The Effects of Non-monetary Incentives on Employees
Advertising is when a company tries to make their product appeal to people, therefore increasing their sales. You can find advertisements everywhere on the television, radio, in magazines, newspapers, on billboards and even on the Internet. Advertisers use a variety of different techniques to make the product appeal to an audience. They use colour in adverts to make a point and make the product recognisable. For example a lot of car adverts have dark colours and are set at night to give the impression that the car is safe to drive in poor visibility.
The Coca Cola company always use red and white so you know what product you are buying and you will always recognize the label because the colours are plain and bold. You probably wont need to read the label because you will see the colours, and everything associated with Coca Cola is always red and white. Another technique used by advertisers is showing a representation of who you would like to be. They are trying to say that if you use their product you will turn out like the person advertising the product. For example whenever L’Oreal advertises their products they always have a slim, longhaired, pretty girl with perfect hair.
A lot of shampoo adverts also use advanced scientific language to make the product look superior and to make people think that the product is good for us. For example L’Oreal shampoo adverts always say that their products contain vitamins and minerals that are good for our hair. They also say things about scientists who have proved that the things in the product will help our hair to be more silky and soft and they use advanced language like ‘nourishes’ and ‘penetrates’. Another example is Flora Light margarine that talks about ‘polyunsaturates’, which a lot of people wouldn’t understand.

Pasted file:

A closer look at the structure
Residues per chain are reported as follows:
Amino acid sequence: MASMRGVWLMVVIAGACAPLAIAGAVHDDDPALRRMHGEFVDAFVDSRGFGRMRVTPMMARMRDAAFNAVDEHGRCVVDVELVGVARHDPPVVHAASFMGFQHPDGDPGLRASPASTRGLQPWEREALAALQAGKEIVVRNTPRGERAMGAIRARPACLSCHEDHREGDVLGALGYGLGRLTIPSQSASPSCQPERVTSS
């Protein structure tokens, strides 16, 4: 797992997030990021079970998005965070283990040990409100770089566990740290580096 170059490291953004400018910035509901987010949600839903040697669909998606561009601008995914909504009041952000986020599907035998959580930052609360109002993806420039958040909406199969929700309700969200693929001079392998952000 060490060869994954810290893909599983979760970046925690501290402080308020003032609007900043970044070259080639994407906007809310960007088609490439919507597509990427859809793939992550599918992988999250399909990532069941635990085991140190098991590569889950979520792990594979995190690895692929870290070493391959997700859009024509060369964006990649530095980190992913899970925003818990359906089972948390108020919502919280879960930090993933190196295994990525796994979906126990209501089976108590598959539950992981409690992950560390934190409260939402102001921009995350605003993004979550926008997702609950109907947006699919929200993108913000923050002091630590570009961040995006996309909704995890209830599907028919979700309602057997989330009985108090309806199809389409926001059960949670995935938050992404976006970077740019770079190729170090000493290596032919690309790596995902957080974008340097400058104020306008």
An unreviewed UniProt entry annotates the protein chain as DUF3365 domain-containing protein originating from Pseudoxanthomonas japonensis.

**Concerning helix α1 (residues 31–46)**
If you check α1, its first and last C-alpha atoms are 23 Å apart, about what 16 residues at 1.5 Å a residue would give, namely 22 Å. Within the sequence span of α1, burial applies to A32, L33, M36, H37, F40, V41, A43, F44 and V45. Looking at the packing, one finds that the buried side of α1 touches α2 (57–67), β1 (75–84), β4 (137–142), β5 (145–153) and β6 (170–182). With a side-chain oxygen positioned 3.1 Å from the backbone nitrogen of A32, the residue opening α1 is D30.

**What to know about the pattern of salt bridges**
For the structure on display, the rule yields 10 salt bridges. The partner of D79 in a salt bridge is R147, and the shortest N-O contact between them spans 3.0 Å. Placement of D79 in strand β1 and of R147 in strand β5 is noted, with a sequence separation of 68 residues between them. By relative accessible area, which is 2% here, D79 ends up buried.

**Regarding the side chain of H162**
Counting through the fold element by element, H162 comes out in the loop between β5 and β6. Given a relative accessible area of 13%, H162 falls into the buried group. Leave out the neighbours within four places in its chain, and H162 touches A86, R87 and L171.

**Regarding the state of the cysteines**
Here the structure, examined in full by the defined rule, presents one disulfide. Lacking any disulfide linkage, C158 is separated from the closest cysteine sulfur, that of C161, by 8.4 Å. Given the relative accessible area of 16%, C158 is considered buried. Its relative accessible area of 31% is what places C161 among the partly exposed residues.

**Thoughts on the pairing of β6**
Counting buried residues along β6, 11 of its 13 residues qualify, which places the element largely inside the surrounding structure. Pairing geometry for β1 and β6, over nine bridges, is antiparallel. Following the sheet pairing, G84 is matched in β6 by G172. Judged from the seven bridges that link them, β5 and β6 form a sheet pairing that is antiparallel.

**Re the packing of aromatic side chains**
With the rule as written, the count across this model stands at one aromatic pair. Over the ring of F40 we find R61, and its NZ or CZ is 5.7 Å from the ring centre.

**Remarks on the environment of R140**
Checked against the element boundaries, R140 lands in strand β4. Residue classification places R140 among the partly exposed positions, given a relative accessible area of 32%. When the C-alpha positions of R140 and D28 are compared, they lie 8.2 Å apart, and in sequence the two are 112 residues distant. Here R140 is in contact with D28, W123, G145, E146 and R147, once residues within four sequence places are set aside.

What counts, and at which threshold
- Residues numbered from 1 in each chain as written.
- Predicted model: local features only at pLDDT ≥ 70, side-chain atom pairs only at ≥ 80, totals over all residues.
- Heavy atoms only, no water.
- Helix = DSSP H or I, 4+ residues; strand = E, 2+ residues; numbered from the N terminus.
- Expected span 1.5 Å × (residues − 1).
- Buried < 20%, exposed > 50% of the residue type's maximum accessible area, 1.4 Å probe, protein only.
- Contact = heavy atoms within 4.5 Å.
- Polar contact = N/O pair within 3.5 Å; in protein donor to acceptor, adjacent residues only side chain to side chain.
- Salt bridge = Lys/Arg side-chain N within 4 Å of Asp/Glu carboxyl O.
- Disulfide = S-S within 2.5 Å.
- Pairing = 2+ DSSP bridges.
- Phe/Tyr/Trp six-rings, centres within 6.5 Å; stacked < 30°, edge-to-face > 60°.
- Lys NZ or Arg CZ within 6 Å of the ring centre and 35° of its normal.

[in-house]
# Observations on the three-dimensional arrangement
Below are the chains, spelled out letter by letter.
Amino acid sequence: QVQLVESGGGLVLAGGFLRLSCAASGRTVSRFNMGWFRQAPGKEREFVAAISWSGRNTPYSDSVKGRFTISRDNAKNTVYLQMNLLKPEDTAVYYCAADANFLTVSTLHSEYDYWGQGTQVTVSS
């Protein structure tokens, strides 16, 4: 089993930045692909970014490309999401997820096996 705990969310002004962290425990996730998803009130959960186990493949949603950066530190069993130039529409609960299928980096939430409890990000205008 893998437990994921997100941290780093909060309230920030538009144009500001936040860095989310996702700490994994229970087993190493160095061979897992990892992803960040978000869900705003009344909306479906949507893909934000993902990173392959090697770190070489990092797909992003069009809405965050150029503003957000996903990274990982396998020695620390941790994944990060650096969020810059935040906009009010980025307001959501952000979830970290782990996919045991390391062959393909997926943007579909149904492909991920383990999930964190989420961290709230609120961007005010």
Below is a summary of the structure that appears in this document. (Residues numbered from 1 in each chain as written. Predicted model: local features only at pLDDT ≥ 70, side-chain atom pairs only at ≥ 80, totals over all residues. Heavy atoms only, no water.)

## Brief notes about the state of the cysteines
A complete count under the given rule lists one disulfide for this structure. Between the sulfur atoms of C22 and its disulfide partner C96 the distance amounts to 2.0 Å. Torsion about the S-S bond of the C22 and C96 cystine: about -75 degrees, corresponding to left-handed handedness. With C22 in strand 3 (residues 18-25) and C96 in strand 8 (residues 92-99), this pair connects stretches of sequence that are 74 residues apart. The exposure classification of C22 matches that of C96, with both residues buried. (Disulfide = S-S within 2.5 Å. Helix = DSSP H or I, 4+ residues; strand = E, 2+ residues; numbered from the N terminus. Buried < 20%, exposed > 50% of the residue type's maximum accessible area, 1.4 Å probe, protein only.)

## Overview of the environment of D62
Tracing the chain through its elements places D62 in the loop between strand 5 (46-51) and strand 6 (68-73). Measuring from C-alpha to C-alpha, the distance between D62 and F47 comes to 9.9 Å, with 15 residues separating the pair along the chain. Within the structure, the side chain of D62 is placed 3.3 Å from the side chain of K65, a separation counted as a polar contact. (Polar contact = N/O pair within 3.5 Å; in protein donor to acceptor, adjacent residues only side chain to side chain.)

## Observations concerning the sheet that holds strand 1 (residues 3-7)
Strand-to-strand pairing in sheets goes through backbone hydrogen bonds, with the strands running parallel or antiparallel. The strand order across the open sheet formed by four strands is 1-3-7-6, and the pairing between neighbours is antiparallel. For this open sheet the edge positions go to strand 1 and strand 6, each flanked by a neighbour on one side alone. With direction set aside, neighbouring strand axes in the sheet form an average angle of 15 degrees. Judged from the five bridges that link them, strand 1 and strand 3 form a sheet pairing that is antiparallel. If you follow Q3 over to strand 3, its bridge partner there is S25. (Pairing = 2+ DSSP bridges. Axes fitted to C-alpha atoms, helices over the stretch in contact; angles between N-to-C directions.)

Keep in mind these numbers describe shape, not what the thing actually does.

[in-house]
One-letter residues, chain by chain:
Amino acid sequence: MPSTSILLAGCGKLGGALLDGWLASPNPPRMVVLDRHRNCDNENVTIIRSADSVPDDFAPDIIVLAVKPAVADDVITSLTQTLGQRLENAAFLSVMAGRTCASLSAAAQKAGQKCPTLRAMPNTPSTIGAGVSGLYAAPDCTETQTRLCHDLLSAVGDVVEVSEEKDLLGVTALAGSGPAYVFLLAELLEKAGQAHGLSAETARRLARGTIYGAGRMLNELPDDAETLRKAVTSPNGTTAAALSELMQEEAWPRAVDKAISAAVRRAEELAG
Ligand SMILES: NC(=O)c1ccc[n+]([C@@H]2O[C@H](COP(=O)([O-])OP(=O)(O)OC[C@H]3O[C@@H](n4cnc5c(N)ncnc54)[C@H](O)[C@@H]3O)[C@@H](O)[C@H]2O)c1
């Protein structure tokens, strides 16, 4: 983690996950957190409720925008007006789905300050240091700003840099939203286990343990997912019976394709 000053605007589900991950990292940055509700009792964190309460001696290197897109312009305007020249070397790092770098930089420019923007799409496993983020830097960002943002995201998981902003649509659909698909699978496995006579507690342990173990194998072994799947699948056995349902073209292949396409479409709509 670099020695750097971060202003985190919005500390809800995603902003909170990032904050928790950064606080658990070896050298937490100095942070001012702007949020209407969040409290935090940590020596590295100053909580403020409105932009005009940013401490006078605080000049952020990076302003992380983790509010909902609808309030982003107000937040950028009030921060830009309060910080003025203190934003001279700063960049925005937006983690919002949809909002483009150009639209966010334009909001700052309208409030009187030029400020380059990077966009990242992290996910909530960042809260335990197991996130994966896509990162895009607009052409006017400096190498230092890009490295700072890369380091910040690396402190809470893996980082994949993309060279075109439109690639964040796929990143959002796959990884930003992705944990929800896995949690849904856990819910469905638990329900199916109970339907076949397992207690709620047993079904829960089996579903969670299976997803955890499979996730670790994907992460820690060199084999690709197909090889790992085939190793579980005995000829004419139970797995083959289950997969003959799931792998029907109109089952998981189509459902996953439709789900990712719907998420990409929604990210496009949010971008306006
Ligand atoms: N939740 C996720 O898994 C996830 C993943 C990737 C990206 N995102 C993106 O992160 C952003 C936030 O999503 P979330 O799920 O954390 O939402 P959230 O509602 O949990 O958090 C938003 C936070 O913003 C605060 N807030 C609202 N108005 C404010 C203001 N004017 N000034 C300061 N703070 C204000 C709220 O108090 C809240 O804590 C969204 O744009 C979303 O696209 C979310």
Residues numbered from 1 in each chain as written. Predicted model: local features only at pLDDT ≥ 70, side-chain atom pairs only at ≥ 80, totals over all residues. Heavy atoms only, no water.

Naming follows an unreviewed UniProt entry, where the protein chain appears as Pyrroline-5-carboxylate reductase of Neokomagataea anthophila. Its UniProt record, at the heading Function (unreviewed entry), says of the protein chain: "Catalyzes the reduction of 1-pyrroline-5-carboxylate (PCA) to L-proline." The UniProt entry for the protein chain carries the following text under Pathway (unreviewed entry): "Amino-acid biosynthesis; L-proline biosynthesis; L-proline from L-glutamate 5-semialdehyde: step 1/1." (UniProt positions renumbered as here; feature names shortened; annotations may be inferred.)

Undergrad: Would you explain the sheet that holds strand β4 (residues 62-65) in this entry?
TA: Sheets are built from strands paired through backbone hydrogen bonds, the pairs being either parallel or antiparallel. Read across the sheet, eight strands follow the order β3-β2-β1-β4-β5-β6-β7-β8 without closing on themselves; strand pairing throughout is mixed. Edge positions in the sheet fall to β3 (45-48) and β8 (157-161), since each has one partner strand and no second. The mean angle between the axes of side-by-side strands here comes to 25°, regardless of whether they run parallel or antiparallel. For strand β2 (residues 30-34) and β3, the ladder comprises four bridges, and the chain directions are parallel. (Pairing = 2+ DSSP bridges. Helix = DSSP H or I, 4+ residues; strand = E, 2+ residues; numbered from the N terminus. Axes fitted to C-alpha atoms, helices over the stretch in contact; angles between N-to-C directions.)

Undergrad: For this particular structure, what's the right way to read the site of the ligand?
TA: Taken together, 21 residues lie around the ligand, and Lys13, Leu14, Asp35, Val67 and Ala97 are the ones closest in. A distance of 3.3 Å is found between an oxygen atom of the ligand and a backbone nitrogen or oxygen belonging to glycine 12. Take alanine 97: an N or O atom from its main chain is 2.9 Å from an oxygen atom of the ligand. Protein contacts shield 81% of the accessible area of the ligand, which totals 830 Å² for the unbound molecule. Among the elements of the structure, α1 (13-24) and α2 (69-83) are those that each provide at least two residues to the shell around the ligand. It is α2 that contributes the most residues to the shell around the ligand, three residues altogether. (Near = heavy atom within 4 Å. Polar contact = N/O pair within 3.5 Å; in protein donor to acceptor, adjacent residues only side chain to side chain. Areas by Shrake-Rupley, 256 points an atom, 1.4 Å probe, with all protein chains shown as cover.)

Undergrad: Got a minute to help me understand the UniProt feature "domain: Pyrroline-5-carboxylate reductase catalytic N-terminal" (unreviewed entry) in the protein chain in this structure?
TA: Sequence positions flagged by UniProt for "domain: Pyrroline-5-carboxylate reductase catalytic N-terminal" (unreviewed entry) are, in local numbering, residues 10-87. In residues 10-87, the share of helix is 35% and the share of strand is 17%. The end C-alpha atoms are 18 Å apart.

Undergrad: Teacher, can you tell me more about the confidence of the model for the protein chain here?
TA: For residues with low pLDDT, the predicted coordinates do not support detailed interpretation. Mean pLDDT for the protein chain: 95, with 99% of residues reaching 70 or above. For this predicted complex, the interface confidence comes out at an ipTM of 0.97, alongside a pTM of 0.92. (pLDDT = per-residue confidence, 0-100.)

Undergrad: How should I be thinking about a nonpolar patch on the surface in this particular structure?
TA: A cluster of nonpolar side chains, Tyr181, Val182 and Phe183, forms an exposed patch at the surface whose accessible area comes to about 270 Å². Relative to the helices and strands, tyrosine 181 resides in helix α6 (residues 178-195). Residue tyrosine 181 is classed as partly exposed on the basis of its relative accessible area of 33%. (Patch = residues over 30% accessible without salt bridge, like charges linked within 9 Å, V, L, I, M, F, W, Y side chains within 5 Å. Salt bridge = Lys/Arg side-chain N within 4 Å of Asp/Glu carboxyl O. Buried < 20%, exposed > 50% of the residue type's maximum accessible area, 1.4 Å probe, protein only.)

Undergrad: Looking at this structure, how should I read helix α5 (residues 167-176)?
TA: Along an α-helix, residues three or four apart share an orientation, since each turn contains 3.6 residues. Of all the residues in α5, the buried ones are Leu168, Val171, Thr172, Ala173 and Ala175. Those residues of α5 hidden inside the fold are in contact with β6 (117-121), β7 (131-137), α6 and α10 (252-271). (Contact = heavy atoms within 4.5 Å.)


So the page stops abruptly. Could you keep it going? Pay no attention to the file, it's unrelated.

The majority of adverts on the television only have white people in, this is because the majority of people in Britain are white and companies will think that white people won’t want to use the same products that a different coloured person is using. This is an example of stereotyping because for a lot of people it wouldn’t matter what coloured skin the person advertising has, just how appealing the product looked.
A lot of adverts are continuous and are in a soap opera style, for about two months they will show one advert and then have the continuing advert on the next two months after that and so on. Adverts do this because like a soap opera it builds up tension and leaves you wondering what will happen next so people will watch the advert and pay attention to it because they are curious. An example of this is the Gold Blend adverts which were continuous with the same two characters for over a year.
Many companies advertise free gifts with their products. Companies do this because people are more likely to buy the product because it seems like we are getting a good deal and getting more for our money. A shop that regularly advertises ‘buy one get one free’ offers is Iceland. I think they do this because once you are in the shop you are likely to purchase additional items which will in turn increase their sales.
Advertisements appeal to our senses too. A lot of companies have to convince people that their food tastes delicious. They always have a person smelling the product and they have an expression on their face that says ‘that smells lovely’, which will make us think it must taste nice because someone else has approved it. For example in the ‘Bisto’ advert there is a little girl smelling the product smiling and saying ‘ahh Bisto’.
Advertisements appeal to our concerns, for example ‘sure’ deodorant adverts make out that if you don’t use their product you will end up the smelliest person in the country. They do this by making the people that are using their product happy, fresh and confident and the people that are not, sad, smelly and socially unacceptable. This makes us think that we are not as good as others and we need to improve by buying the product.